Music school keeps you busy, but sometimes you have to work. Financially, you might not be able to afford to not work. The best jobs for music school students are flexible and understanding of your busy schedule.
I have had multiple different jobs while in music school, and I can say I’m happy to work while a music student. I’m not one of those people who can live music from morning until night. I need a break, and a part time job is a great outlet for me.
Ideally, you would want a music job, but there are some unrelated jobs that are great, too. Don’t be ashamed if you have to work while you’re in school. If you make the most of your job, you might even graduate with an advantage over your peers.
Do you have to work in music school?
Working in music school is up to you. Some people have to work for financial reasons or simply because they need to stay busy. Other people can’t work because they already have enough on their plate from music school.
I worked part time during most of my time in undergrad. I had a part time food service job during my freshman year and the first semester of my sophomore year. Then, I took a year and a half off from working. My senior year, I worked as an opinion writer for my university’s student newspaper.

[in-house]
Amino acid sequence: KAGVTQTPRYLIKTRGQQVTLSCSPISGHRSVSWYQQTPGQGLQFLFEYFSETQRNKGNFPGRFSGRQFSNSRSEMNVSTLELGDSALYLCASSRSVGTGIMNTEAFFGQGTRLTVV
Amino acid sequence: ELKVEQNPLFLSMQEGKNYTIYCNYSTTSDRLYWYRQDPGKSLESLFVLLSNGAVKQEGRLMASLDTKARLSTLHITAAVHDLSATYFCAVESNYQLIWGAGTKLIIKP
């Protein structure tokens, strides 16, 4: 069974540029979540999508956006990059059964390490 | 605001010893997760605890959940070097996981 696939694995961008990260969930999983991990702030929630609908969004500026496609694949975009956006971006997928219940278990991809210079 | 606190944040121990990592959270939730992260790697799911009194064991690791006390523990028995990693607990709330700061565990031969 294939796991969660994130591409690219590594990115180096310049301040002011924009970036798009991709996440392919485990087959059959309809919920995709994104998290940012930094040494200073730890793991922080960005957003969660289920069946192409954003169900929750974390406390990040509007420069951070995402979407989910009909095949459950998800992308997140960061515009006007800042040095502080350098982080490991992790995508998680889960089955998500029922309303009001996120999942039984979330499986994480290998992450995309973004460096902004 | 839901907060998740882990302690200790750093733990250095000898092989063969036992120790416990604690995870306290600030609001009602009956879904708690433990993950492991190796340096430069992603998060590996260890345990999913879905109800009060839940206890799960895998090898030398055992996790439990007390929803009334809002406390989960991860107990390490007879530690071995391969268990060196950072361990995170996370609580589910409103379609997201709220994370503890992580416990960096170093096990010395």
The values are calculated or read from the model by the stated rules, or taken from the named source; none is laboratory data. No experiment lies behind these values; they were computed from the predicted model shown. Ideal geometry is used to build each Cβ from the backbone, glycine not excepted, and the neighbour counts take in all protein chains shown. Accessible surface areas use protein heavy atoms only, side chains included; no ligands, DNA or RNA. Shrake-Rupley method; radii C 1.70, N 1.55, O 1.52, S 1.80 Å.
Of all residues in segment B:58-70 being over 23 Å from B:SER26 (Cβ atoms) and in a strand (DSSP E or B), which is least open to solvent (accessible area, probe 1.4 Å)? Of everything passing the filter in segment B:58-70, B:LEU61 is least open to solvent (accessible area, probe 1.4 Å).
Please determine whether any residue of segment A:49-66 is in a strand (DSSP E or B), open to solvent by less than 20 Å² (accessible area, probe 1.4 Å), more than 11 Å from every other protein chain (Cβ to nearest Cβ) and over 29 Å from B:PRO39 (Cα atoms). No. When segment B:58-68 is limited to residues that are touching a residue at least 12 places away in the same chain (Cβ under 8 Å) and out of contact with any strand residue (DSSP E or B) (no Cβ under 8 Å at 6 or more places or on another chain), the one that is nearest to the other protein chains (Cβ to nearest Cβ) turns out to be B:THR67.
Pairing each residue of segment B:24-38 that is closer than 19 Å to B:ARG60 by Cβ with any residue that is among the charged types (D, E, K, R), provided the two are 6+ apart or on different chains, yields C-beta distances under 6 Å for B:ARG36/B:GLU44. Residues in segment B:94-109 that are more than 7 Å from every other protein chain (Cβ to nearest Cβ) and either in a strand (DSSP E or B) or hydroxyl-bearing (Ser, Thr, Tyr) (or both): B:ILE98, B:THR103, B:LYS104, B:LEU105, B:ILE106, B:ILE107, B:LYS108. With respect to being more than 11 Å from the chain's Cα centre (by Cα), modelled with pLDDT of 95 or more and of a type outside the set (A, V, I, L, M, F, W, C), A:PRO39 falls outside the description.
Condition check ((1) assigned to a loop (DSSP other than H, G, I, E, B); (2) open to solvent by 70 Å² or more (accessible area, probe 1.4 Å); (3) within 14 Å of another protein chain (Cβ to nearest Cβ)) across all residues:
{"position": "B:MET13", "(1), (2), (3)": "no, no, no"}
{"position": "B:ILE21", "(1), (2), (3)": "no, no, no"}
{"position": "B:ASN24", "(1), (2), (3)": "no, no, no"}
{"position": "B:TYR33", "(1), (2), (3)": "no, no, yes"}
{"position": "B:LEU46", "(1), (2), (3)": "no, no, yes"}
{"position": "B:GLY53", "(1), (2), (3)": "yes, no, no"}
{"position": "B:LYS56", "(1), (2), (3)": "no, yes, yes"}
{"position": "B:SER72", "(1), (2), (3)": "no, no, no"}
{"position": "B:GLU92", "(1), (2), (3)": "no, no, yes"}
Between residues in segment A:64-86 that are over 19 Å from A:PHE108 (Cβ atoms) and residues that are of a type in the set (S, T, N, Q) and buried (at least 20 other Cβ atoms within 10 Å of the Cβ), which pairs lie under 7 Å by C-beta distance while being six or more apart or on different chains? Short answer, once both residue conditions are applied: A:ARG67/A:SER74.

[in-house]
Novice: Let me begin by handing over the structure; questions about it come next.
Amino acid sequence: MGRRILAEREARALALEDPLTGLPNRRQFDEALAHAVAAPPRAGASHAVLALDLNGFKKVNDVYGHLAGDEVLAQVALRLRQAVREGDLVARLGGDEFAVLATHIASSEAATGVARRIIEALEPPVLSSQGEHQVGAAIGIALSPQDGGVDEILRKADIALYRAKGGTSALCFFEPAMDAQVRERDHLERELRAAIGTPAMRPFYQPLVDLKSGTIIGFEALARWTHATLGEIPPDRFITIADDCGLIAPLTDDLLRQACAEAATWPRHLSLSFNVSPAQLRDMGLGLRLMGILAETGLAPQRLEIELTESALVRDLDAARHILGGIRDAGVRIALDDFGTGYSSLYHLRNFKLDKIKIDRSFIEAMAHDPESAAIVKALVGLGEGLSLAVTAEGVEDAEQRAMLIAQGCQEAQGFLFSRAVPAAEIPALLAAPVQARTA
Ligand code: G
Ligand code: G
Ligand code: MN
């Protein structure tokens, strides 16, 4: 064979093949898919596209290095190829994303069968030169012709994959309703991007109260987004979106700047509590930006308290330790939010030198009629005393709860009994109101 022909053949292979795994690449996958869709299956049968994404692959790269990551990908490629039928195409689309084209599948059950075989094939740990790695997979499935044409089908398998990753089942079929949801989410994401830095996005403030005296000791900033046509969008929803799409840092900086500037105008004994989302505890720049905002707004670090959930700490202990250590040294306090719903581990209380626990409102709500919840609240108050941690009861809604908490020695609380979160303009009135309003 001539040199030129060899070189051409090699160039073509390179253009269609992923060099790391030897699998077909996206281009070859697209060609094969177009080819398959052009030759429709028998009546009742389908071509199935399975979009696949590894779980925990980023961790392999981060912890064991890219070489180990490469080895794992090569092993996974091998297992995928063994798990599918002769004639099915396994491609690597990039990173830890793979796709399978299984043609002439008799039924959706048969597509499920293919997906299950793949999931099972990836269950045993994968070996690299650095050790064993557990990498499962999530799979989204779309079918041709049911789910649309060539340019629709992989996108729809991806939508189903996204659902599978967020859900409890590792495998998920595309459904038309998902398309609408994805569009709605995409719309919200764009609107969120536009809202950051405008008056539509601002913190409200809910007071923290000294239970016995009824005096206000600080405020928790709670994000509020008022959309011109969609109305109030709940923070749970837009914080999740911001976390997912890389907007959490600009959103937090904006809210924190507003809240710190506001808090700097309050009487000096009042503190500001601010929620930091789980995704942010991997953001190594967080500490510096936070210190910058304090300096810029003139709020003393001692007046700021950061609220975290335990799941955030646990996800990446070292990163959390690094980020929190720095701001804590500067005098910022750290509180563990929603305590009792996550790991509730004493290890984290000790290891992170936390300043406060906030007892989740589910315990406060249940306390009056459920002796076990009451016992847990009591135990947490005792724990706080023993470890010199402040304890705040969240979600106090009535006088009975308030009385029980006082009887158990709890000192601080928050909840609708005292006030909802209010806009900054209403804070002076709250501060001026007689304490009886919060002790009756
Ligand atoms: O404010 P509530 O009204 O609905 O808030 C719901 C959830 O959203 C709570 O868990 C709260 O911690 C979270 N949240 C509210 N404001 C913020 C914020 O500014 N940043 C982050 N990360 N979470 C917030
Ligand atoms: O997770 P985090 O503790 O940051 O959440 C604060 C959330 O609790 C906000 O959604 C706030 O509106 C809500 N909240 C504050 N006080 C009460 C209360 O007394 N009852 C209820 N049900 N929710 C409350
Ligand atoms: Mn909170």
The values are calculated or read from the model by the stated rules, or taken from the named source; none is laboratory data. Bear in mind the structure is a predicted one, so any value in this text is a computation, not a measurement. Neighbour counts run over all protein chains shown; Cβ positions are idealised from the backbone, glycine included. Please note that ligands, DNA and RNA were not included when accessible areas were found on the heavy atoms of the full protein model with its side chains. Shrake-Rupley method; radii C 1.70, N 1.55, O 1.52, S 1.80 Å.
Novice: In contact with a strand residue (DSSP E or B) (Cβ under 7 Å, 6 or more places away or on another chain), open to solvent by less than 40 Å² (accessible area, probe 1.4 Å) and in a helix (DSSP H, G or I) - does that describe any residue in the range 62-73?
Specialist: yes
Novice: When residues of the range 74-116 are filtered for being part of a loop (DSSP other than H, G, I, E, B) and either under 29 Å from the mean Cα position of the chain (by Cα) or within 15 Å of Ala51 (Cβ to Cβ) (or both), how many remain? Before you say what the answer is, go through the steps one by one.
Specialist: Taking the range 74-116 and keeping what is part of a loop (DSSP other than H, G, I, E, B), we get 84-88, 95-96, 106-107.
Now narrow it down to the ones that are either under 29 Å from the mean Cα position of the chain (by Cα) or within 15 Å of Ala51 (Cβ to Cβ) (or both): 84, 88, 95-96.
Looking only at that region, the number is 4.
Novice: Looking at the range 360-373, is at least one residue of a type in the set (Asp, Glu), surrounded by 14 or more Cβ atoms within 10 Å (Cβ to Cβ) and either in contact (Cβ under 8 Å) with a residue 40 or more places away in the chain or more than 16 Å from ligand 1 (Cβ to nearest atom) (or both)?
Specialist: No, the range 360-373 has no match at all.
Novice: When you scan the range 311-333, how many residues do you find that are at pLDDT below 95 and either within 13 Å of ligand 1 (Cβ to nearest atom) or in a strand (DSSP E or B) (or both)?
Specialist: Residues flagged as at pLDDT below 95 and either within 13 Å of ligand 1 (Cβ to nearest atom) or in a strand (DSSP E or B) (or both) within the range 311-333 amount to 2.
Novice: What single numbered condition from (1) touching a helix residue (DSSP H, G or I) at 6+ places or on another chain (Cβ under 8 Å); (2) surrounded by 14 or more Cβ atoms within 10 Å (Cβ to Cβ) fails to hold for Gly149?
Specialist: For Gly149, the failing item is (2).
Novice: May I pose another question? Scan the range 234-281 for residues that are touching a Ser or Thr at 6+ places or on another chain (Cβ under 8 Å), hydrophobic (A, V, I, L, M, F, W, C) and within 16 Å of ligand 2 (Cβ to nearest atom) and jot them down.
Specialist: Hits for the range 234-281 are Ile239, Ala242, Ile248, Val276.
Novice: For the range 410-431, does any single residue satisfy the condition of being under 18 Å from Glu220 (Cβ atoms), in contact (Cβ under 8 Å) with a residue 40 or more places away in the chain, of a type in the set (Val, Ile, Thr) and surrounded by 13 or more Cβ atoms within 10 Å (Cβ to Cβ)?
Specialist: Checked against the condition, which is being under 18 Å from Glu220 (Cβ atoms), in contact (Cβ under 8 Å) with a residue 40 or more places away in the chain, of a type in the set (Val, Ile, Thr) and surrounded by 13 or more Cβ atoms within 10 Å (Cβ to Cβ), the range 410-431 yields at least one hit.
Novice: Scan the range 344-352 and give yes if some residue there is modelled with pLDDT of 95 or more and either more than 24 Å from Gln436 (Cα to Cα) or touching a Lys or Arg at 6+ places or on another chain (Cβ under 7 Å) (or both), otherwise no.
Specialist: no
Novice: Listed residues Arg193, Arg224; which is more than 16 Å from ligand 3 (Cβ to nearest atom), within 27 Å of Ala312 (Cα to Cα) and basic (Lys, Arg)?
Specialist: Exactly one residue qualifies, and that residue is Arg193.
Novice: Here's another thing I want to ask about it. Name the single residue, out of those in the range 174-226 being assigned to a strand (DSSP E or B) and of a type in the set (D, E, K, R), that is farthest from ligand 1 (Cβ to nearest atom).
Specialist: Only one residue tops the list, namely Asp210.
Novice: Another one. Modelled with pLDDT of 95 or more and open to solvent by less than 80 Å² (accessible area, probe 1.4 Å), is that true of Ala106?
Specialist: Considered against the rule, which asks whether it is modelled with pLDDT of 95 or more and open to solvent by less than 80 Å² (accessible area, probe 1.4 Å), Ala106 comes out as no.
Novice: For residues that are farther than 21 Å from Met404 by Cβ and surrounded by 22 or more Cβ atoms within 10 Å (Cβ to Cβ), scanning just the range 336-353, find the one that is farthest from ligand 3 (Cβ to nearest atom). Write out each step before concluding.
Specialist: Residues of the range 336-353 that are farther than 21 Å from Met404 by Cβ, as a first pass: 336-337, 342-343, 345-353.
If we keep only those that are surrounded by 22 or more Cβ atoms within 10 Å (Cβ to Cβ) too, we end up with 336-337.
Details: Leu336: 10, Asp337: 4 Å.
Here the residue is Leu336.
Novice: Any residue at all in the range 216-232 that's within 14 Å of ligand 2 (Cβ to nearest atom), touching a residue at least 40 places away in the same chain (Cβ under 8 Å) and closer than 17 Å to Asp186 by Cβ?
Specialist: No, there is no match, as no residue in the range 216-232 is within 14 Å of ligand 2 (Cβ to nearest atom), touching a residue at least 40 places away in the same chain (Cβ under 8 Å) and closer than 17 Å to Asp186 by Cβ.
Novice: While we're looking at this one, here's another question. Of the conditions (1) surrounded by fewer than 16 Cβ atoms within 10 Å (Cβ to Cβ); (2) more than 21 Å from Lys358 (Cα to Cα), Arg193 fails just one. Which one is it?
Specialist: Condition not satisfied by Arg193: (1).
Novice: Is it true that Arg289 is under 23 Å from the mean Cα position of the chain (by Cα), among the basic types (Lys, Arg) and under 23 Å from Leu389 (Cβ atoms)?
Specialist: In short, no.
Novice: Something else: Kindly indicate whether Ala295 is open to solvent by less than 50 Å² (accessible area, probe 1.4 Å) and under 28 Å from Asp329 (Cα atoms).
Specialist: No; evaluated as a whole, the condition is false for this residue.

If you need to have time to decompress, then it might be worth it to not work. However, if you don’t have enough financial support from family or student aid, you might have to work a few hours each week.
What are the best jobs for music majors?
If you do decide to work, you need a job that will work with your schedule as a music student. Yes, you want to have enough money to pay for necessities, but you’re there to learn. You are in music school to improve your playing.
The best jobs for music school students are flexible. If you can, an on campus job is great for this. On campus jobs understand that you’re a student, and they understand your schedule. They know that certain times of the semester where students will have to prioritize schoolwork.
Off campus jobs don’t always understand that you’re a student. You should definitely disclose your student status to any job you apply for, but they aren’t obligated to follow your schedule like on campus jobs.
Certain online or home based jobs are also good options for music majors. These jobs are flexible, and you can take on as much or as little work as you can.
Where do you work?
I work for an online content agency, and yes, I do work from home. If you can’t tell from this blog, I love writing almost as much as music. I’m a freelance content writer, and I also have projects in the works for this blog.
Soon, I do hope to start teaching private lessons, either in person or online.
The Best Jobs for Music School Students
There are many jobs for music school students from music jobs to food service to other unrelated gigs. The best jobs for music school students are flexible and low stress. Here are a few job ideas for music majors.
Private lessons teacher
Teaching private lessons is a pretty obvious job for music school students. You can teach lessons almost anywhere from your home to online to students’ homes. If you live on campus or in an apartment, I would recommend not teaching out of your home.